Efficiency and fun from using ADB Shell, Part 3 - am, dumpsys, android system properties

As we see from part 1 and 2, adb shell has tones of interesting commands, let’s figure out how this all works under the hood.

Communicate with system service from adb vs app

When we run our adb shell, adb daemon asks to run shell in Android and then command in this case pm list packages passed there. This command handled in class Pm.java and called in PackageManager which via Binder inter-process communication mechanism invoke required function in PackageManagerService. Similar process happening when our app wants for example get a location from LocationManager. System services such as LocationManagerService and ActivityManagerService loads at boot time via SystemServer We can see that adb and app communicate quite similar, and there is no magic.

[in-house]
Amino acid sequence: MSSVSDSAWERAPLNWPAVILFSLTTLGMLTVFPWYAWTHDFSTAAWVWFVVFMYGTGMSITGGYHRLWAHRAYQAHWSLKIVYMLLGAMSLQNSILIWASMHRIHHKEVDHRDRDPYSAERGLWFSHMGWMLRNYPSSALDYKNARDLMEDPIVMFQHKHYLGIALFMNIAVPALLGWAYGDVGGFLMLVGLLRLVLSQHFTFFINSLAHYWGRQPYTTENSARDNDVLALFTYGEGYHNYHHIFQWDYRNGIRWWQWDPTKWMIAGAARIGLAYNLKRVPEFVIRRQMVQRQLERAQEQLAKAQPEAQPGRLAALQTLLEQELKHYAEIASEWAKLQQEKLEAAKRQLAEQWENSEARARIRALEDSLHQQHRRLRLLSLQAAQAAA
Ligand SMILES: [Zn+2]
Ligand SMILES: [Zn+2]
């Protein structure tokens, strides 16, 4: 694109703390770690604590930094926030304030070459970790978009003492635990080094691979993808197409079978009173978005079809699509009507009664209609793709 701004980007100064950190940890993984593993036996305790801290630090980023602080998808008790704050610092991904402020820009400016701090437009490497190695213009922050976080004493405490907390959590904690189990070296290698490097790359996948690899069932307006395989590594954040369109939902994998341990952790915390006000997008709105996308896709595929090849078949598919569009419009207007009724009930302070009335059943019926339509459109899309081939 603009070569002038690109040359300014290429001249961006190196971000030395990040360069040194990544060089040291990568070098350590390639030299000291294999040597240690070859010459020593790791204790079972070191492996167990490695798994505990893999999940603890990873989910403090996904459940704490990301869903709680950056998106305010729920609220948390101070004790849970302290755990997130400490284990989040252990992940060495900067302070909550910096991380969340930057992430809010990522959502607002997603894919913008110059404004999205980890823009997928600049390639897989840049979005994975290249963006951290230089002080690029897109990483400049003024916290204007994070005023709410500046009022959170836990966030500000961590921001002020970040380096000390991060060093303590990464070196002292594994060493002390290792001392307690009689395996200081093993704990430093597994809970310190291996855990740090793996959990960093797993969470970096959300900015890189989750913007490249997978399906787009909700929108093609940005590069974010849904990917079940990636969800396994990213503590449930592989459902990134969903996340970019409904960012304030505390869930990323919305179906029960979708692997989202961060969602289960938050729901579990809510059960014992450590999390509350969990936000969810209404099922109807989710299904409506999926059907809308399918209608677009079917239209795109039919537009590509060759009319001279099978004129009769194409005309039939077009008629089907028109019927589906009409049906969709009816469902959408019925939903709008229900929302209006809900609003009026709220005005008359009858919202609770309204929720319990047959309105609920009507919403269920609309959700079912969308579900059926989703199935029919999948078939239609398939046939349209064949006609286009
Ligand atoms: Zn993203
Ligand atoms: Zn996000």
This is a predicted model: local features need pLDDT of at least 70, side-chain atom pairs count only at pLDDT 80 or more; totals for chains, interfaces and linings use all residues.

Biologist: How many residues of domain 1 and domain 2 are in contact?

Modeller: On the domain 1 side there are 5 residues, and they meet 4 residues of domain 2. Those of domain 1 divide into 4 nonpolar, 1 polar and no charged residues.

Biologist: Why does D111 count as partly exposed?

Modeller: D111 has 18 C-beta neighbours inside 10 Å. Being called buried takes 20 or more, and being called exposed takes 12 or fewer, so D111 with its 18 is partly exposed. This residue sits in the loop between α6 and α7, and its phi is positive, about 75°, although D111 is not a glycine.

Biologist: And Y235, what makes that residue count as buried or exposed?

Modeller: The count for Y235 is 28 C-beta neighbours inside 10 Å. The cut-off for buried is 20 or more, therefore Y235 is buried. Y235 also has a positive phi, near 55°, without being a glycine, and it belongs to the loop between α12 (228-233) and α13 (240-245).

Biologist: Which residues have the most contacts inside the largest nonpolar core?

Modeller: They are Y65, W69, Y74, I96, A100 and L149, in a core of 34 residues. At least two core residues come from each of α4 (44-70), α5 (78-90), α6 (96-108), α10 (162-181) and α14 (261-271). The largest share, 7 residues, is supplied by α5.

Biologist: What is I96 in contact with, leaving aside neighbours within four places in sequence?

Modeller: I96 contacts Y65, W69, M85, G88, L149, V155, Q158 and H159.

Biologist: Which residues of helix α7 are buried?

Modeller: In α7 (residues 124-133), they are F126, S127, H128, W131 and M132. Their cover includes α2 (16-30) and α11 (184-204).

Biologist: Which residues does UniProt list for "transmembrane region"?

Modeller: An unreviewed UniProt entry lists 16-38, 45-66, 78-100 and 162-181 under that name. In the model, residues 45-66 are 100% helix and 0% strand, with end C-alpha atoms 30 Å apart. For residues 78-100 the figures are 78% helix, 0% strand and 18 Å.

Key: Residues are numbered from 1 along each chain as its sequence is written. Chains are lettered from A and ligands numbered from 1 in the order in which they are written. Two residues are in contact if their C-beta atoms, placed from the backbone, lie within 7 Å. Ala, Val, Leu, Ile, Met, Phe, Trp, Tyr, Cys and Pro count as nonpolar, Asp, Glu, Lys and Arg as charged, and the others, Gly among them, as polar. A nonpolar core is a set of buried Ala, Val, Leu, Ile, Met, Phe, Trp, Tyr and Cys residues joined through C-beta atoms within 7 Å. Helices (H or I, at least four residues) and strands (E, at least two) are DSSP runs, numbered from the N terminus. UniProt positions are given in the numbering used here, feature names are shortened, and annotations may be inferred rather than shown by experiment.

Now we will see how to get info about running service, check if service is running, how to start components and other useful commands related to am, dumpsys.


Dumpsys is very powerful Android tool which runs on device and can dump information about system services plus it provides a possibility to communicate/set property if it was defined by service. In the end, we can get as much power and cool information as the system service provide.

The basic usage could be to check does the service running at all:

adb shell dumpsys activity services our.package.name.OurService